“We can’t yet reliably predict when green hydrogen will be available in sufficient quantity and at affordable prices,” EnBW Managing Board Member Georg Stamatelopoulos explained: “But the technology should be in place by that time. We’re not going to put the cart before the horse. Which, by the way, is the objective in all our fuel switch projects.”

The plans for the overall project in Münster are currently on schedule. Progress is already being made on building a new workshop building that will provide space for the actual construction site. Once all the approvals have been obtained, the work on the new systems could begin in the first quarter of 2023. Residual waste is and will remain the most important energy source in Münster. The city recycles approximately 450,000 metric tons of this waste every year and converts it into electricity and heat. Together with the new gas turbines, the location will continue to form the backbone of the power and district heating supply system in the central Neckar region, along with the power plants in Stuttgart-Gaisburg and Altbach/Deizisau. After the fuel switch in Münster and its sister project in Altbach, energy will no longer be generated from coal in the Stuttgart region starting in 2025/26.


Sabine Sill

Siemens Energy AG 



Hans-Jörg Groscurth

EnBW Energie Baden-Württemberg AG 


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Siemens Energy is one of the world’s leading energy technology companies. The company works with its customers and partners on energy systems for the future, thus supporting the transition to a more sustainable world. With its portfolio of products, solutions and services, Siemens Energy covers almost the entire energy value chain – from power generation and transmission to storage. The portfolio includes conventional and renewable energy technology, such as gas and steam turbines, hybrid power plants operated with hydrogen, and power generators and transformers. More than 50 percent of the portfolio has already been decarbonized. A majority stake in the listed company Siemens Gamesa Renewable Energy (SGRE) makes Siemens Energy a global market leader for renewable energies. An estimated one-sixth of the electricity generated worldwide is based on technologies from Siemens Energy. Siemens Energy employs around 92,000 people worldwide in more than 90 countries and generated revenue of €29 billion in fiscal year 2022.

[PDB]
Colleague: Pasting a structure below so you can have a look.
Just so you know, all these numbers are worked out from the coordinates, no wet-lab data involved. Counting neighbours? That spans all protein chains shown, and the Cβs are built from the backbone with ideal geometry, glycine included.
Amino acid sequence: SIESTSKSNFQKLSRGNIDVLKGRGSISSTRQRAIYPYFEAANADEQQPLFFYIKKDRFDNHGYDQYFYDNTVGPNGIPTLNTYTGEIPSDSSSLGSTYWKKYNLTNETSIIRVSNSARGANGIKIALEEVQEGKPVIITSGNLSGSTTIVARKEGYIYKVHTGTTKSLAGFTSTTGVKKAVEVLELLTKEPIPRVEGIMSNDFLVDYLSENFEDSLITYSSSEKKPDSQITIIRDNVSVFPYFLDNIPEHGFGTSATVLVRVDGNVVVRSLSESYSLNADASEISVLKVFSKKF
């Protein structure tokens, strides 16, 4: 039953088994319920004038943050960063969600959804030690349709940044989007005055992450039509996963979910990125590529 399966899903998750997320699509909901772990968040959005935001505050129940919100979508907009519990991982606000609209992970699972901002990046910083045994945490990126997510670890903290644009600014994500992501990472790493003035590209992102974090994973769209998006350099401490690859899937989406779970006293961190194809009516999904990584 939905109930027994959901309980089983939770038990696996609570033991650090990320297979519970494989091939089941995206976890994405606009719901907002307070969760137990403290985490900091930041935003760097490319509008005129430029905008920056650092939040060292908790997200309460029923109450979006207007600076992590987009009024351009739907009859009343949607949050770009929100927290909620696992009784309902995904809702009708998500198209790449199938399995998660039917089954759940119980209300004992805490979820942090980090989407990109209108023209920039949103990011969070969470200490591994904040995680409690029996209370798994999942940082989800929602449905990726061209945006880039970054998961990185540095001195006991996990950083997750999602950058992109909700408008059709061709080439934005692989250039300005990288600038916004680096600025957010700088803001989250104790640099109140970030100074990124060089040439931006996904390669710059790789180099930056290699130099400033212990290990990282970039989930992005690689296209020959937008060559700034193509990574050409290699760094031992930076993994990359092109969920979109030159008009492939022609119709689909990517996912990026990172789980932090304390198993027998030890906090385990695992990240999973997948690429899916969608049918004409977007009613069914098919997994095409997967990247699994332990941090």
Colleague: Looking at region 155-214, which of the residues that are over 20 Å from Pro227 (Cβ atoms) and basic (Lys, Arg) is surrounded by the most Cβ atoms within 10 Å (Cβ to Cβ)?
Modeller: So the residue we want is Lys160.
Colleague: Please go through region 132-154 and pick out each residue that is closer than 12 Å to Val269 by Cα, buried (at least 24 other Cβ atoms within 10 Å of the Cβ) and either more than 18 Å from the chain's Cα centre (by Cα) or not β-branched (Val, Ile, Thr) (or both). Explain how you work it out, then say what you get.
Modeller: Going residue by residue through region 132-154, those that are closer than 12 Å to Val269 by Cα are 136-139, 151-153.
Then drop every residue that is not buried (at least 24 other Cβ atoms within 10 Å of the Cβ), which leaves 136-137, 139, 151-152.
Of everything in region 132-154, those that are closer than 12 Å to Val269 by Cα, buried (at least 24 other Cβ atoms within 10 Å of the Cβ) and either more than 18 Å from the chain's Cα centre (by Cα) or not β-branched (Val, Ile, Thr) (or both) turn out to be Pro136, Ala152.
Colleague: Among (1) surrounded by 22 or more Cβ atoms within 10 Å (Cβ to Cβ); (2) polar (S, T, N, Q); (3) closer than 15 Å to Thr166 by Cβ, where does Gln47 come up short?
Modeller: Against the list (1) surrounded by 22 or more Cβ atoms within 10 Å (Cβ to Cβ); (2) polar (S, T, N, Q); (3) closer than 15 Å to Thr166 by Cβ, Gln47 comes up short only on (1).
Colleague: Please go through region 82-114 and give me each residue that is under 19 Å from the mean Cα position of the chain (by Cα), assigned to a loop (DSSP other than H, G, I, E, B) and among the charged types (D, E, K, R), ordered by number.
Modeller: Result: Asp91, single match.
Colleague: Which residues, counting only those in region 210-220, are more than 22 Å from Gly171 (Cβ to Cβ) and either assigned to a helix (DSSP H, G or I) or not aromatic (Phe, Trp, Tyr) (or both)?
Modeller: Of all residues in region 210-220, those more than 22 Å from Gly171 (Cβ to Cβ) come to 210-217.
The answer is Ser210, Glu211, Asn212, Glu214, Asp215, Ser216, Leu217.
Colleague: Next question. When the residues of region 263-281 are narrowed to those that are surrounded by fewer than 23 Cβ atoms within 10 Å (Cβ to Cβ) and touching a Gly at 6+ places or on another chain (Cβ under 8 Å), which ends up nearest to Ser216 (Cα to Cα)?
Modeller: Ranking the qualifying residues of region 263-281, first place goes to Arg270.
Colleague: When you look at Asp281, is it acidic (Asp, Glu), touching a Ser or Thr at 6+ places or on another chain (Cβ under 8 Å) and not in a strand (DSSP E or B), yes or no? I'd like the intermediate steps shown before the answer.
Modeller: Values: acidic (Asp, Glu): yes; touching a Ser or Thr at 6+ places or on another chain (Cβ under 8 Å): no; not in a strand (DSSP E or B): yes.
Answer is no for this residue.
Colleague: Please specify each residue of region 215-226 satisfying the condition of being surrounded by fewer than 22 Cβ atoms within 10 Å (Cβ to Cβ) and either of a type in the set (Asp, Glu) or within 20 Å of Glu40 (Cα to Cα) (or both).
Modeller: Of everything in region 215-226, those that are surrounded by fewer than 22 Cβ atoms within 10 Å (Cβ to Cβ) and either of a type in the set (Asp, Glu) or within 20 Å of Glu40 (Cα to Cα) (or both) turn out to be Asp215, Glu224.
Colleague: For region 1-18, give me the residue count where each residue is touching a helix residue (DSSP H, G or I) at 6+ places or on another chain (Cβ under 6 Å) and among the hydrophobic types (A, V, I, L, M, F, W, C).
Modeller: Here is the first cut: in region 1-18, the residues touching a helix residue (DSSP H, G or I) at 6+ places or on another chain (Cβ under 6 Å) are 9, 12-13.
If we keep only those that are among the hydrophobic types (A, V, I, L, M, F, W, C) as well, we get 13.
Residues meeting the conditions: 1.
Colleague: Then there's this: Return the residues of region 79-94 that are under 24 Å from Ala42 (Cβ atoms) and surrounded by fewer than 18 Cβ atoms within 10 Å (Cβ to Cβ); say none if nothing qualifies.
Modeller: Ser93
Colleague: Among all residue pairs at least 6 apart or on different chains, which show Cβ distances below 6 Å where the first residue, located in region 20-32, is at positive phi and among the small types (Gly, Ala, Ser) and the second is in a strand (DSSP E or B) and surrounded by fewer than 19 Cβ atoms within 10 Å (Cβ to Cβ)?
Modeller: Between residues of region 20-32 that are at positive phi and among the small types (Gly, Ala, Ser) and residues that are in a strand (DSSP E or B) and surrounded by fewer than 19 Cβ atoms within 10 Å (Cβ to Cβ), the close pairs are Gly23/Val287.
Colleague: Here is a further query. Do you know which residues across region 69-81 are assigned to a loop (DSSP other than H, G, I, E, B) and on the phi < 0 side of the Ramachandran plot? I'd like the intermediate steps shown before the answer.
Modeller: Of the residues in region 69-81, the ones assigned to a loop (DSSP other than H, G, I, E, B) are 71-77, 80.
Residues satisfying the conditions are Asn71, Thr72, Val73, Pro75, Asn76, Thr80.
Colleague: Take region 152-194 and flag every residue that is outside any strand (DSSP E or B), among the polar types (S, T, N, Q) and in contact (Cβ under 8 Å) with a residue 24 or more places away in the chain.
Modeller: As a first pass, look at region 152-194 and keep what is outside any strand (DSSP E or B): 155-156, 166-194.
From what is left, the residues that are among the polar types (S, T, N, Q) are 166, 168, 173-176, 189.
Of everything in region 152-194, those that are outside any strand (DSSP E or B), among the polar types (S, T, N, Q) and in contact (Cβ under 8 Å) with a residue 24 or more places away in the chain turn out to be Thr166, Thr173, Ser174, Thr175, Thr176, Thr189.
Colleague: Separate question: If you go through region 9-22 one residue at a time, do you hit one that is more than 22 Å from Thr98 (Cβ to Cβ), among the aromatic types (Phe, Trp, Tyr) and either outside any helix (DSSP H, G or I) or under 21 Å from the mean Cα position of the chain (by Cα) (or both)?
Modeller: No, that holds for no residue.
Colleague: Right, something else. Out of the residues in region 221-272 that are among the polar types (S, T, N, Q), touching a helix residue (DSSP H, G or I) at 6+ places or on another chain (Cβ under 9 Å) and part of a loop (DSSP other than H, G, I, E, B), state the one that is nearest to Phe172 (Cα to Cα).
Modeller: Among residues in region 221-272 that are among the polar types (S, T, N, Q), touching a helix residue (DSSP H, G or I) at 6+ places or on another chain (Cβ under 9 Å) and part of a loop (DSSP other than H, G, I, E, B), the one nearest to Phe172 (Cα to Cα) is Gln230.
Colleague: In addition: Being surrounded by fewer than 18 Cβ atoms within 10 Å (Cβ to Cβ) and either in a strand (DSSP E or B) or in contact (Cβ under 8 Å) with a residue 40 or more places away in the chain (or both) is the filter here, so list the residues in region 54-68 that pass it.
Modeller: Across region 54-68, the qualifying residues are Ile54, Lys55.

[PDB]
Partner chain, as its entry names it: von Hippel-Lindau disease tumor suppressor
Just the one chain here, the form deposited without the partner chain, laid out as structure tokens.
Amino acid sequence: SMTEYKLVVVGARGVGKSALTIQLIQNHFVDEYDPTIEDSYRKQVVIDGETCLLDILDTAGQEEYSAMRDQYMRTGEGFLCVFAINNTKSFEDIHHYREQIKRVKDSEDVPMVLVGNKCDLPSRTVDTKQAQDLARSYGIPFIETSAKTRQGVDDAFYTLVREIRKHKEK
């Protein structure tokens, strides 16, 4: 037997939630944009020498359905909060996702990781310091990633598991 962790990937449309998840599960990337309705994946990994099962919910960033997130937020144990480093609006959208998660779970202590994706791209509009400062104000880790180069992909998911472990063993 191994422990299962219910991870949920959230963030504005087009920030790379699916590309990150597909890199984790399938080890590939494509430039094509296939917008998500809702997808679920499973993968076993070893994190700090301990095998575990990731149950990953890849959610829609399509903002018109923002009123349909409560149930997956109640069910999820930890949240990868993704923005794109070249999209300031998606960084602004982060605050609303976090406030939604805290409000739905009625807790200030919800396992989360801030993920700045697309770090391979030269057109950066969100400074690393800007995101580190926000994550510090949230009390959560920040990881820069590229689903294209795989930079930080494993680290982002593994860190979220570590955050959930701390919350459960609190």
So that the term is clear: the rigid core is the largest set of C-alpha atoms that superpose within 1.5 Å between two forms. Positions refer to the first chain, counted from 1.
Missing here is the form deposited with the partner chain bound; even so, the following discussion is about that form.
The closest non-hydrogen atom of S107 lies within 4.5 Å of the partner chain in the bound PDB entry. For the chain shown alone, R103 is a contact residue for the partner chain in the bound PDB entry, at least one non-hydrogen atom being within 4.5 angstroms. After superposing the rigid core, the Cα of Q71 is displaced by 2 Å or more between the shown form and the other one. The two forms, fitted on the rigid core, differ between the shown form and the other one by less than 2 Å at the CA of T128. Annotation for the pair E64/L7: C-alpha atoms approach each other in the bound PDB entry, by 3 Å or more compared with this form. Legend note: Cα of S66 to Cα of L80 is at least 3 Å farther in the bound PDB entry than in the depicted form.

With over 26,000 employees, EnBW is one of the largest energy companies in Germany and Europe. It supplies around 5.5 million customers with electricity, gas, water as well as services and products in the areas of infrastructure and energy. The expansion of renewable energies is a cornerstone of the growth strategy and a focus of investment. EnBW will invest around 4 billion euros in the further expansion of wind and solar energy by 2025. By the end of 2025, more than half of the generation portfolio is to consist of renewable energies. This is already having a noticeable effect on reducing CO2 emissions, which EnBW aims to halve by 2030. The expansion of renewables is an important focus of EnBW's sustainability agenda on the way to the company's climate neutrality in 2035.